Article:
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Guitar Hero: Aerosmith
A lot or a little?
The parents' guide to what's in this game.
What parents need to know
Parents need to know that besides some lyrics that may raise an eyebrow (after all, this is classic rock n' roll), there isn't much to be concerned about with this game. Suggestive lyrics touch on sex, drugs, alcohol, and insubordination. A few swear words can be heard, but it's not gratuitious.
- Parents say
- Kids say
What's it about?
The Bad Boys of Boston get their own video game in GUITAR HERO AEROSMITH, the first in the popular series to offer an interactive retrospective of the legendary rock group. Join legendary singer Steven Tyler and drummer Joey Kramer onstage as guitarist Joe Perry or Brad Whitford, or bassist Tom Hamilton (or by selecting another virtual musician) and play through the band's early days at a high school and landmark clubs all the way up to sold-out stadiums.
You know the drill: by using a guitar-shaped controller you jam along to rock songs by pressing the correct colored button on the neck at the right time; play well and the crowd cheers you on but hit too many sour notes and you might just get booed offstage. By progressing through the game, players unlock new Aerosmith songs, ranging from '70s classics including "Draw The Line," "Dream On," "Back in the Saddle," "Sweet Emotion," "Toys in the Attic," and "Kings and Queens" to '80s and '90s hits, such as "Let the Music do the Talking," "Livin' on the Edge," "Love in an Elevator," and "Rag Doll." Handpicked by Aerosmith, songs from other bands in the game include Cheap Trick's "Dream Police," The Clash's "Complete Control," Joan Jett's "I Hate Myself for Loving You," Run DMC's "King of Rock," The Cult's "She Sells Sanctuary," Lenny Kravitz's "Always on the Run," Ted Nugent's "Cat Scratch Fever" and Stone Temple "Pilot's Sex Type Thing.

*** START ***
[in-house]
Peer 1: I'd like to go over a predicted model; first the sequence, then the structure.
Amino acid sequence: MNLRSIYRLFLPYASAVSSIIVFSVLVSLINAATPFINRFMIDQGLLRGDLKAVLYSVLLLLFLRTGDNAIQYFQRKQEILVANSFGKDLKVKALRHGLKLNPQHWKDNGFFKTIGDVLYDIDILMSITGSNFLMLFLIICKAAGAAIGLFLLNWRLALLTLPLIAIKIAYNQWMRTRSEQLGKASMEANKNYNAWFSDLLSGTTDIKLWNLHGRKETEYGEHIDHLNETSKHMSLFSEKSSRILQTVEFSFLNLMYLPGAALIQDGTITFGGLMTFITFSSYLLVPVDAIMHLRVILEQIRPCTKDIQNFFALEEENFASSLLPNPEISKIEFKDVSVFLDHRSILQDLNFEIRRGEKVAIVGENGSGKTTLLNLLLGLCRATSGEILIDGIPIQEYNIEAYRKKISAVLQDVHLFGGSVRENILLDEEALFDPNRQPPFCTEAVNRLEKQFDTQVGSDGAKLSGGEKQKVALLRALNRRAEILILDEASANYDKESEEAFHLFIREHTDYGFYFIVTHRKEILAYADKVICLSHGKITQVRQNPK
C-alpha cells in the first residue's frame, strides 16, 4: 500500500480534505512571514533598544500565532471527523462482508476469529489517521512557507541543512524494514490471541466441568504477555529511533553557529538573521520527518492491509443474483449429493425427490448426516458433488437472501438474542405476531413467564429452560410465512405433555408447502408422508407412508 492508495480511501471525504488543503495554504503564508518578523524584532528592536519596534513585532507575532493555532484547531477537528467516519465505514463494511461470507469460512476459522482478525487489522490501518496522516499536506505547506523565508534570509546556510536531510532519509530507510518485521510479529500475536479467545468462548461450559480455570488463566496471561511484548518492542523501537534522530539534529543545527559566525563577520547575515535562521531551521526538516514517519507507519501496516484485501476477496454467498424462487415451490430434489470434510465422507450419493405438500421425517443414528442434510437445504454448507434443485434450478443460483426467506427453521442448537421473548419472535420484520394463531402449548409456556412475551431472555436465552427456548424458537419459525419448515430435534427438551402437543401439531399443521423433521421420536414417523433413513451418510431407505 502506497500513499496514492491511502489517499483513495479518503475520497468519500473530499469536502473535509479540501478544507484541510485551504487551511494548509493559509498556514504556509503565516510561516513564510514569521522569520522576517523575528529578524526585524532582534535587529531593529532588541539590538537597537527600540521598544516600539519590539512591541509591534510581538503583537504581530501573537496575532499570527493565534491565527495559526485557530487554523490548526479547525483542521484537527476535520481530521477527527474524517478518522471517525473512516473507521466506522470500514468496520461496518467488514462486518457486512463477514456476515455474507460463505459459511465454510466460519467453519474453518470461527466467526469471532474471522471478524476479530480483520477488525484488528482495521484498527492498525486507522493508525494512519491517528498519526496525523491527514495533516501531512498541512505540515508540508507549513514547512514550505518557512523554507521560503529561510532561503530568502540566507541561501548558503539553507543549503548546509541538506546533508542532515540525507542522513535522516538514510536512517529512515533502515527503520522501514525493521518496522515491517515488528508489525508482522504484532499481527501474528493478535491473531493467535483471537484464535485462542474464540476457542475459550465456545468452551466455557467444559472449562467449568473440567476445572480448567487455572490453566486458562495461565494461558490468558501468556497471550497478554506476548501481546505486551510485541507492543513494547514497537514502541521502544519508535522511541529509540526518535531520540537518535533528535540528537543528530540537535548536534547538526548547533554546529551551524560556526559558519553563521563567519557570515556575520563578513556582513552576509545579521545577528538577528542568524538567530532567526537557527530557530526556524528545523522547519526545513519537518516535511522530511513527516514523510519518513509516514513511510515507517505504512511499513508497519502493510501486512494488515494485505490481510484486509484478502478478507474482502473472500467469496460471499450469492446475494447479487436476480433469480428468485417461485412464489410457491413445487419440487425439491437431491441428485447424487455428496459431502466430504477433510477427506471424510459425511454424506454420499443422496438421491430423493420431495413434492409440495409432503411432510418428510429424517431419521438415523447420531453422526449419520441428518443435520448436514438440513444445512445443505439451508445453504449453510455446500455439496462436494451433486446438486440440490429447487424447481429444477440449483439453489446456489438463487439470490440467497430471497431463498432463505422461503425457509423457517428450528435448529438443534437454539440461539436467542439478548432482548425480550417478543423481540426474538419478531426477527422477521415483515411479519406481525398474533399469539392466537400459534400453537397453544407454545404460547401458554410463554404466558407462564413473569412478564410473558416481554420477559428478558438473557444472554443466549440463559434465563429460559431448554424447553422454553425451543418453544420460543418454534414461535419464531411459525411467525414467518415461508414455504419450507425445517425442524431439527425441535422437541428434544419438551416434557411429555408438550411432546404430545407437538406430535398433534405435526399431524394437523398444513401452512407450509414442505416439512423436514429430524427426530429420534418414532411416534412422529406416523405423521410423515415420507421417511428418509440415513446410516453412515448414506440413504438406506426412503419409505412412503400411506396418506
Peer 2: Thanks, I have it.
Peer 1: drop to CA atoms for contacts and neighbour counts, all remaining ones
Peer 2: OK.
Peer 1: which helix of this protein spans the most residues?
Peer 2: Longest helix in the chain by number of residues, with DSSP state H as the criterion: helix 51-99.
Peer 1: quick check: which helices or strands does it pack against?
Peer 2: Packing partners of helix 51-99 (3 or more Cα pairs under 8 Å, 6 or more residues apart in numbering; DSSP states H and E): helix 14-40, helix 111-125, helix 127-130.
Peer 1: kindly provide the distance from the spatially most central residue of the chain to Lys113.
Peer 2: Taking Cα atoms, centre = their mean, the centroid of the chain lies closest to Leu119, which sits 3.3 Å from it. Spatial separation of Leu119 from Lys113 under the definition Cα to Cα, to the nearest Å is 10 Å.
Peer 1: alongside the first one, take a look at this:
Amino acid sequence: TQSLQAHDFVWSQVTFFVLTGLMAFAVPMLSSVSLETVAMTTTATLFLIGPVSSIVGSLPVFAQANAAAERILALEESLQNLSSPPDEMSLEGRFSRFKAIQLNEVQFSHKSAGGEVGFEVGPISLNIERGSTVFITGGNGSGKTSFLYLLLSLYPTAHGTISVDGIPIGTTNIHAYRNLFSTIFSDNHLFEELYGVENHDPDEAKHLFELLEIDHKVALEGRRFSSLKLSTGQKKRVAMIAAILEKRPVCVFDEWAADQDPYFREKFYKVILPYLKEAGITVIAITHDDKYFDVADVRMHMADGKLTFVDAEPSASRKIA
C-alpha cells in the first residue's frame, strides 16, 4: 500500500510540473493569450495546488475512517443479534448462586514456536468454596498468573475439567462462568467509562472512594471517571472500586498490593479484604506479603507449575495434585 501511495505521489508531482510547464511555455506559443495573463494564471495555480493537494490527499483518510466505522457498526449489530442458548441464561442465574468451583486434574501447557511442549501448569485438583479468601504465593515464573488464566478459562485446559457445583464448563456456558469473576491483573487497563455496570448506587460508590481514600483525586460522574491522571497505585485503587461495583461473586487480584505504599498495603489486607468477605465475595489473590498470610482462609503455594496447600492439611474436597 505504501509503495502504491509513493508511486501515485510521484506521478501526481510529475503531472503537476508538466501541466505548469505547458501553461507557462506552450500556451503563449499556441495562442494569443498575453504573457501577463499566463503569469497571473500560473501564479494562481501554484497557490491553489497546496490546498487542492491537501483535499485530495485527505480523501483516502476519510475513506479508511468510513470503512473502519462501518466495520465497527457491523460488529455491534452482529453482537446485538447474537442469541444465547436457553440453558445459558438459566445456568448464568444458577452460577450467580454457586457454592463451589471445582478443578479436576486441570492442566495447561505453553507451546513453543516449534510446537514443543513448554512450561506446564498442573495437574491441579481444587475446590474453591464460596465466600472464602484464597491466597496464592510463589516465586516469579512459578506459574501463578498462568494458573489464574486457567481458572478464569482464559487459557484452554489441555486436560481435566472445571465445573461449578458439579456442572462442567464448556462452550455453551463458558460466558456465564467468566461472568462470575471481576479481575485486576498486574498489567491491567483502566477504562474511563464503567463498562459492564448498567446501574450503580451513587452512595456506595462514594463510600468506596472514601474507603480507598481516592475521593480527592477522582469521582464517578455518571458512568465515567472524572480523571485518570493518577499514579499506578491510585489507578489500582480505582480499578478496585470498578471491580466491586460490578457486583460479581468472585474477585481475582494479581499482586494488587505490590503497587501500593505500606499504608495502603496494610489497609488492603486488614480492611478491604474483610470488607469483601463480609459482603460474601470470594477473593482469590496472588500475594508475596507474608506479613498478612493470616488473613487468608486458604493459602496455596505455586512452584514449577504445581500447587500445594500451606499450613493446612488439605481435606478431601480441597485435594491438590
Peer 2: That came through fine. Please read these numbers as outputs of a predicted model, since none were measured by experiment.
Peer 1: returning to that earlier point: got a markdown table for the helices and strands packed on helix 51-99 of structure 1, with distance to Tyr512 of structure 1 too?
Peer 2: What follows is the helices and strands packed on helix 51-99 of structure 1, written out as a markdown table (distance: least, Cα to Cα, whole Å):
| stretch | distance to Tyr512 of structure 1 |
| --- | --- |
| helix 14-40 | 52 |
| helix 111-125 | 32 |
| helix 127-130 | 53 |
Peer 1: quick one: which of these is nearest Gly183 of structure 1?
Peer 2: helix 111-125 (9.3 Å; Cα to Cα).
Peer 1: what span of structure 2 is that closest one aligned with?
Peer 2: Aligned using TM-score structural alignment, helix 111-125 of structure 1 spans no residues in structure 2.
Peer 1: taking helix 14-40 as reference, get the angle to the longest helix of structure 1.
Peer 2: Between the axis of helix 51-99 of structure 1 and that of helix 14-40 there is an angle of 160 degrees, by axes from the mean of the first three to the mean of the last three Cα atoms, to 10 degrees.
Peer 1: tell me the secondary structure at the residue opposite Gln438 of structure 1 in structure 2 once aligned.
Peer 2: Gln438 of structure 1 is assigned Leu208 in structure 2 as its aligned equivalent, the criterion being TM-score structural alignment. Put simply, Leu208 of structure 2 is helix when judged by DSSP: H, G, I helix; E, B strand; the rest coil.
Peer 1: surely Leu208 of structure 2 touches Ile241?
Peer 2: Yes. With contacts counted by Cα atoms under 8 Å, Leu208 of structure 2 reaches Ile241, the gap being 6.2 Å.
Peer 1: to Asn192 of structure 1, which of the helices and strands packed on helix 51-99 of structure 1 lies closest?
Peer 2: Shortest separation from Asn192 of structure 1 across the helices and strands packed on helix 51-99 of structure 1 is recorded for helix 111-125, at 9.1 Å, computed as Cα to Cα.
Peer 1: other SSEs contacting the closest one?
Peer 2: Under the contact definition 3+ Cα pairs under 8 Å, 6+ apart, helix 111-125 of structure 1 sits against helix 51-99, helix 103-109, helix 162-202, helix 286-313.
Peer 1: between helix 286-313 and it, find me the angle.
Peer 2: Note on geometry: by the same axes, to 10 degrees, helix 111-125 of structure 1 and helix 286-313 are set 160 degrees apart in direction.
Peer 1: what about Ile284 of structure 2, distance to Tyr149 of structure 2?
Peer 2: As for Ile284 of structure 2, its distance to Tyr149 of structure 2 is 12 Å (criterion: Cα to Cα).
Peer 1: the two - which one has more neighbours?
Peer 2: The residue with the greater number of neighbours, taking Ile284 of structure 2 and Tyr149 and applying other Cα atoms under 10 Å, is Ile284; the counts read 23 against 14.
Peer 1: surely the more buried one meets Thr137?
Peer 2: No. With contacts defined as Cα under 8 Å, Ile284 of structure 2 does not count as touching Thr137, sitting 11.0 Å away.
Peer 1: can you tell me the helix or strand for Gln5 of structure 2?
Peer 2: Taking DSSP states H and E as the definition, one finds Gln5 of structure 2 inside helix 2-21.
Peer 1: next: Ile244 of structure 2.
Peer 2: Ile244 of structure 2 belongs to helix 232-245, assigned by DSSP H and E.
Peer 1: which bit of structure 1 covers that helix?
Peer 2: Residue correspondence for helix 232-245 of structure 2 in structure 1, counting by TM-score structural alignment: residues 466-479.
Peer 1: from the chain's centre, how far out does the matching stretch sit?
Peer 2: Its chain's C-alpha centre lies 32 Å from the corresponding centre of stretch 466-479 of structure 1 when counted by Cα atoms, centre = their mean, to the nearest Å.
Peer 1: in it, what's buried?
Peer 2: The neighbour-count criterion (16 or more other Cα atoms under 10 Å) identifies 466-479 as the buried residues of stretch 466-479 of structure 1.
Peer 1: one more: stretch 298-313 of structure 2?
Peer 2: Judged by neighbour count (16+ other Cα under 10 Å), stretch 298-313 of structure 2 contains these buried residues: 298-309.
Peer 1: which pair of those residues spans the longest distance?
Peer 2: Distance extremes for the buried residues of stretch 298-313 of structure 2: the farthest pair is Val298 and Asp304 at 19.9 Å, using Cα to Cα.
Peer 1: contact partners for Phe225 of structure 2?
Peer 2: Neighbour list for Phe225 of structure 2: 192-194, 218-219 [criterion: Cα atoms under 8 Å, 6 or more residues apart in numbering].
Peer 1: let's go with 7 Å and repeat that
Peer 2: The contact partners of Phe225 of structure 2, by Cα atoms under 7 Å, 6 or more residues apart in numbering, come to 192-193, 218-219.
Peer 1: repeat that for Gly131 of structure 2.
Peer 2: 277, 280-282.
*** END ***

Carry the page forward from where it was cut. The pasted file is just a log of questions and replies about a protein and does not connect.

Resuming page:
Is it any good?
Single-player options include Career and Quick Play, while multiplayer modes add Face-Off and Pro Face-Off (two gamers play notes at the same time or in an alternating fashion to see who is more accurate); Co-op (play an unlocked song on guitar or bass with a friend); and Battle (compete against a friend including "attacks" that try to mess up the opponent). Besides new songs, not much is different in "Guitar Hero: Aerosmith" as compared to past Guitar Hero games, therefore this disc can best be described as "Guitar Hero 3.5" rather than a whole new game. Plus, if you're not much of a fan of the band, then you will want to take pass and wait for Guitar Hero: World Tour this fall.
Talk to your kids about ...
Families can talk about whether companies like Activision should release "Guitar Hero" games based on one band (for the most part) or keep it more general with a selection of a few dozen acts? Is this money well spent on such as specialized game? Rumor has it next up is "Guitar Hero: Metallica."
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Common Sense Media's unbiased ratings are created by expert reviewers and aren't influenced by the product's creators or by any of our funders, affiliates, or partners.